Samsung doesn’t say what kind of accessory it’s talking about here, but unless it counts purses and backpacks as accessories, the implication is clear: Holster up like a cable guy.

Or check out the safety page from the Motorola Moto G manual: “When using the mobile phone next to your body (other than in your hand or against your head), maintain a distance of 1.5cm (3/4 inch) from your body to be consistent with how the mobile phone is tested for compliance with RF exposure requirements.” If you use a case or holder, make sure it doesn’t have any metal, Motorola adds.

The user guide for an LG G4 says the phone was tested for “typical body-worn operations,” with 1 cm between the body and the back of the phone. And the manual for the HTC One M9 from Sprint comes right out and invites us on a walk down memory lane: “To ensure that RF exposure levels remain at or below the tested levels, use a belt-clip, holster, or similar accessory” to keep the sleek 2015 smartphone at least 1 cm from your body. They don’t say which is best, nor do they recommend the best Bryan Adams albums to load on your Rio.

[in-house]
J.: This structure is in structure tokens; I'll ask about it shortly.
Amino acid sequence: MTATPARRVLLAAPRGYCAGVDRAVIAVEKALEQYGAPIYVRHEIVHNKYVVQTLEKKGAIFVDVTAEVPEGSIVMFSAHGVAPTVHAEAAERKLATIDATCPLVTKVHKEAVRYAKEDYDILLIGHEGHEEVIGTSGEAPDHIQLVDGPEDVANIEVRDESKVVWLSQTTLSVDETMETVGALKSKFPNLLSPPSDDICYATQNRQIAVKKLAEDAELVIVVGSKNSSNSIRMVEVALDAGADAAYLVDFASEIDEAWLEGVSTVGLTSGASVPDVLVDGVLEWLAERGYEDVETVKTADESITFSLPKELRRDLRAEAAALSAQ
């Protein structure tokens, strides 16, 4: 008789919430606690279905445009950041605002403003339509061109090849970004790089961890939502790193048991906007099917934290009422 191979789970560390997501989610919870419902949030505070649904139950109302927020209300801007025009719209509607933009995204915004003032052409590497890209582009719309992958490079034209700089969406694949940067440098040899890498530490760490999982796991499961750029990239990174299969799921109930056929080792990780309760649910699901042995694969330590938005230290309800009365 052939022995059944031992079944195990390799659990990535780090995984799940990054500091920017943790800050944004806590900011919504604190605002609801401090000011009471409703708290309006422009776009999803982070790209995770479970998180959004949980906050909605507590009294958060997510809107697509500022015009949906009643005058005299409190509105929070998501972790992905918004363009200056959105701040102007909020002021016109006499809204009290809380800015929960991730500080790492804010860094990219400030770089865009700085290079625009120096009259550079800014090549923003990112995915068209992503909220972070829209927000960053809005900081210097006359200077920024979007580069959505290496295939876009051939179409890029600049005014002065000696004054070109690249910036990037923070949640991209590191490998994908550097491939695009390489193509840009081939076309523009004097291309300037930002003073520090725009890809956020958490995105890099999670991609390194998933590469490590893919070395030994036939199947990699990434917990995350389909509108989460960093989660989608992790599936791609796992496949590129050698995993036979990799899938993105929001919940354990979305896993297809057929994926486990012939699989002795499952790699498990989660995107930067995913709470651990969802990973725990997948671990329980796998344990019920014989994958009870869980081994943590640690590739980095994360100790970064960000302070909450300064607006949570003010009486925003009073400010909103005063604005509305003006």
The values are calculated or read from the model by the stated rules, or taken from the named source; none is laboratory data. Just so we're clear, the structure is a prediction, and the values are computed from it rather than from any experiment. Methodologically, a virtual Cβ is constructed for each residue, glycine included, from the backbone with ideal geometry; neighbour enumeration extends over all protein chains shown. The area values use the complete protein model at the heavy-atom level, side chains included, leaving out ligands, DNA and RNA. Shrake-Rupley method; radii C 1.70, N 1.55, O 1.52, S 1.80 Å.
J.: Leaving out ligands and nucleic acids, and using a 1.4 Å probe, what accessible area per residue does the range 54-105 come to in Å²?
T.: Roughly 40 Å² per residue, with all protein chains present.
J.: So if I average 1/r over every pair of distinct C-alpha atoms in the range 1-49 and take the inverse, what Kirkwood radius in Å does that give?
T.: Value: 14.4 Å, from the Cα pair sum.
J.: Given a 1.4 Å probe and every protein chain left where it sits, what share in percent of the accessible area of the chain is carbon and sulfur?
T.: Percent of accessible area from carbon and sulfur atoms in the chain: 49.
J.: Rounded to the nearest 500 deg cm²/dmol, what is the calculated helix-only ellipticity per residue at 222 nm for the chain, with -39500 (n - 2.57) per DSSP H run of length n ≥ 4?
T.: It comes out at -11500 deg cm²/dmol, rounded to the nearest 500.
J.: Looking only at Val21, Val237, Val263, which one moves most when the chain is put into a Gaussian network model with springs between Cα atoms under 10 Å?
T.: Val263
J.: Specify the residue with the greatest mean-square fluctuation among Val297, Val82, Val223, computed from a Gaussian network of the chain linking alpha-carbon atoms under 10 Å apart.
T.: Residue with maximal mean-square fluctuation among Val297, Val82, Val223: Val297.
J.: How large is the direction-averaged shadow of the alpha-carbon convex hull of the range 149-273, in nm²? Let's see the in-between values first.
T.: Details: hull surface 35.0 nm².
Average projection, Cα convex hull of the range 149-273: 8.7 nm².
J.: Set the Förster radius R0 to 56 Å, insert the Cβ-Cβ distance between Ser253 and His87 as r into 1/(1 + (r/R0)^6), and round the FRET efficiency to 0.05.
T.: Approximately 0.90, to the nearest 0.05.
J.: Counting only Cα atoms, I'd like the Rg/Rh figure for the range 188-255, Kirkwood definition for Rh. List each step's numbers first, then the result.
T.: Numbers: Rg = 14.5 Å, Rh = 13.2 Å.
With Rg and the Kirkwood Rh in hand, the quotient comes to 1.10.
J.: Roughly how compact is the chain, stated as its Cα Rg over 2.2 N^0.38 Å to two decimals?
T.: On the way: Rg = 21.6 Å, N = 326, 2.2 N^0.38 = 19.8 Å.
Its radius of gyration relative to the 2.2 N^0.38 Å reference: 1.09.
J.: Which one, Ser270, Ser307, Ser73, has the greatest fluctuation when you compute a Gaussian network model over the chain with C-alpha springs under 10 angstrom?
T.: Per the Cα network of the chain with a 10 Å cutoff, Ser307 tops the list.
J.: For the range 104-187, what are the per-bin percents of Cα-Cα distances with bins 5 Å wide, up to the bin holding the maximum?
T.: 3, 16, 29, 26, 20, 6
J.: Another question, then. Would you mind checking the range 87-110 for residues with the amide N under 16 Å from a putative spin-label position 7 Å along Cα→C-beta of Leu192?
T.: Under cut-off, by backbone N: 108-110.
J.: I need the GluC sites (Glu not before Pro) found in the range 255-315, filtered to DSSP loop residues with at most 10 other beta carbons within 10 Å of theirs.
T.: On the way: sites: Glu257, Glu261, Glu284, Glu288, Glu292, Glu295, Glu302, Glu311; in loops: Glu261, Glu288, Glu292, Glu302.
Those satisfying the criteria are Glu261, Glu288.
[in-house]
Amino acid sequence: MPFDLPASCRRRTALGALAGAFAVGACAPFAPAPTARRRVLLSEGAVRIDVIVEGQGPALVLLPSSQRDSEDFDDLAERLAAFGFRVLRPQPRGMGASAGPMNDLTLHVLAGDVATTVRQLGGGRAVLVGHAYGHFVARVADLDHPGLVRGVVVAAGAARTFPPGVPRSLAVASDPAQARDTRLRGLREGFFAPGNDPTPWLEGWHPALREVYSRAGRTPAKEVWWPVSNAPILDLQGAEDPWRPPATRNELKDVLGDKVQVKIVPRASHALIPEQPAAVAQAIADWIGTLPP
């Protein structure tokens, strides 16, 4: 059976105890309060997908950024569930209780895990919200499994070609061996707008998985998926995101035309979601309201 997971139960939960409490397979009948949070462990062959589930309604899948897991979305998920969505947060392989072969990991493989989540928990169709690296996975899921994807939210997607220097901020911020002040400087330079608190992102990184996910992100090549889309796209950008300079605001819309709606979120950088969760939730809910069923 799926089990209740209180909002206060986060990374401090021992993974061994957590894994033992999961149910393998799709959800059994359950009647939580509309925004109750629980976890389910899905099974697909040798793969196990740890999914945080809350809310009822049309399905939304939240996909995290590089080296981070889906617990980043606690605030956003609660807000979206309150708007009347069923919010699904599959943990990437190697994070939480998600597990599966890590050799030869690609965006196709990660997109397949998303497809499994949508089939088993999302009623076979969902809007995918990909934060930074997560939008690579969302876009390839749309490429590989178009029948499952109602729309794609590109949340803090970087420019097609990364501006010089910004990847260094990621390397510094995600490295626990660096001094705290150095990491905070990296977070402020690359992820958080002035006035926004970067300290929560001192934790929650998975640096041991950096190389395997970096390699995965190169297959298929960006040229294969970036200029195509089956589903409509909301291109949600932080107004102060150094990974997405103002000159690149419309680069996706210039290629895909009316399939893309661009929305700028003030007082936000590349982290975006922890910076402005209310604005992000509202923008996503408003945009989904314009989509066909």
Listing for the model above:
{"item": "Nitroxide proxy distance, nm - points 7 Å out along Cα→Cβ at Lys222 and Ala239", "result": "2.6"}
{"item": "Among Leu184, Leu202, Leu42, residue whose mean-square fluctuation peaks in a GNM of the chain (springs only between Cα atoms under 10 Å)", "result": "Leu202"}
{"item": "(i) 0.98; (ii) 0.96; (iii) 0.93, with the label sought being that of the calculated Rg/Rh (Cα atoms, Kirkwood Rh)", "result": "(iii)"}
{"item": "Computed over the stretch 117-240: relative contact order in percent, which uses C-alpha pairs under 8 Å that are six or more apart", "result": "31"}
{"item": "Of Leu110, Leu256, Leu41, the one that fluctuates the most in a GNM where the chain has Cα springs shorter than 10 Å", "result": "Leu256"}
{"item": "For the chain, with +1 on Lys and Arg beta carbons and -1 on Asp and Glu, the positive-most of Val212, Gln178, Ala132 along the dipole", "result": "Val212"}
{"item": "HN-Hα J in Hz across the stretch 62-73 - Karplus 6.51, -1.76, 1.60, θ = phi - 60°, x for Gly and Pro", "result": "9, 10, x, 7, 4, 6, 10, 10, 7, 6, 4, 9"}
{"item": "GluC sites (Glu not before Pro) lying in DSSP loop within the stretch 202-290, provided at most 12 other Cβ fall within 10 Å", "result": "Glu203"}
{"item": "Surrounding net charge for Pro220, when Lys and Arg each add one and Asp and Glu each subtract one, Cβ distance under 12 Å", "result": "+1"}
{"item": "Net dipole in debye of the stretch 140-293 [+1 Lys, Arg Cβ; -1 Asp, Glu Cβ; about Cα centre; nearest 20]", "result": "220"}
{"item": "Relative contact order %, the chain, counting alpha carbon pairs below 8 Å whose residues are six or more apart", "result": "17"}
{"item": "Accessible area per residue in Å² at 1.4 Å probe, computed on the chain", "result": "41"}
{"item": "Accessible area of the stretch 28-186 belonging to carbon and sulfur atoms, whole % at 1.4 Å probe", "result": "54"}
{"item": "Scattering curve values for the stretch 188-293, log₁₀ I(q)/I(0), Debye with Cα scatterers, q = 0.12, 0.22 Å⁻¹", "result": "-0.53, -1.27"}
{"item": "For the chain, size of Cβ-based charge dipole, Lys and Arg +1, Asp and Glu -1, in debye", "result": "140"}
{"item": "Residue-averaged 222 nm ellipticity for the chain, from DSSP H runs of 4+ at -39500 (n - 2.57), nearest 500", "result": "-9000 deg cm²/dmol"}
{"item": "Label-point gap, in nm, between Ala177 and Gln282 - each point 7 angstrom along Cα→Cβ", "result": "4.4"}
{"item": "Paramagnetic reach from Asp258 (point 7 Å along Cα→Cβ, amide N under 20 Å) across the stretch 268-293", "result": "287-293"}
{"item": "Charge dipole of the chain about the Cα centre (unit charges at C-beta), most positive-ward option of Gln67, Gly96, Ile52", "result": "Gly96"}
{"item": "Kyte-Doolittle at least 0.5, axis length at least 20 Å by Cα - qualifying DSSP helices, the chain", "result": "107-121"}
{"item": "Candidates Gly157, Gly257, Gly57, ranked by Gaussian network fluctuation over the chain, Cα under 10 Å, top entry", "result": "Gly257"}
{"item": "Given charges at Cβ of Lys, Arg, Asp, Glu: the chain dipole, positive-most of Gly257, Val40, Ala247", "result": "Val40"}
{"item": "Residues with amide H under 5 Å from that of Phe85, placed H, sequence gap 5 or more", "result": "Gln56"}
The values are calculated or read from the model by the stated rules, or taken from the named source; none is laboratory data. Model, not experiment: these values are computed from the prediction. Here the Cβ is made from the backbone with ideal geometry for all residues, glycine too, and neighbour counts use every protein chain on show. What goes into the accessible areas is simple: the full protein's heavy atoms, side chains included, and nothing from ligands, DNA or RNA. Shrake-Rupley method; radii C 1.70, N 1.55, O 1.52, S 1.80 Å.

Apple knows we carry cell phones in pockets
Apple, on the other hand, is either too realistic or too vain to endorse a fashion that the iPhone helped to kill. It uses the 5mm rule.

The FCC doesn’t say a phone tested closer to the body is safer than one tested farther away, and the emissions limit is the same for both. Devices either exceed the allowed radiation level or they don’t.

Yet the language in some user manuals implies that separation distance does matter if you’re worried about radiation. Under the heading, “Can I minimize my RF exposure?” the LG G4 user guide says, “You can place more distance between your body and the source of the RF, as the exposure level drops off dramatically with distance.”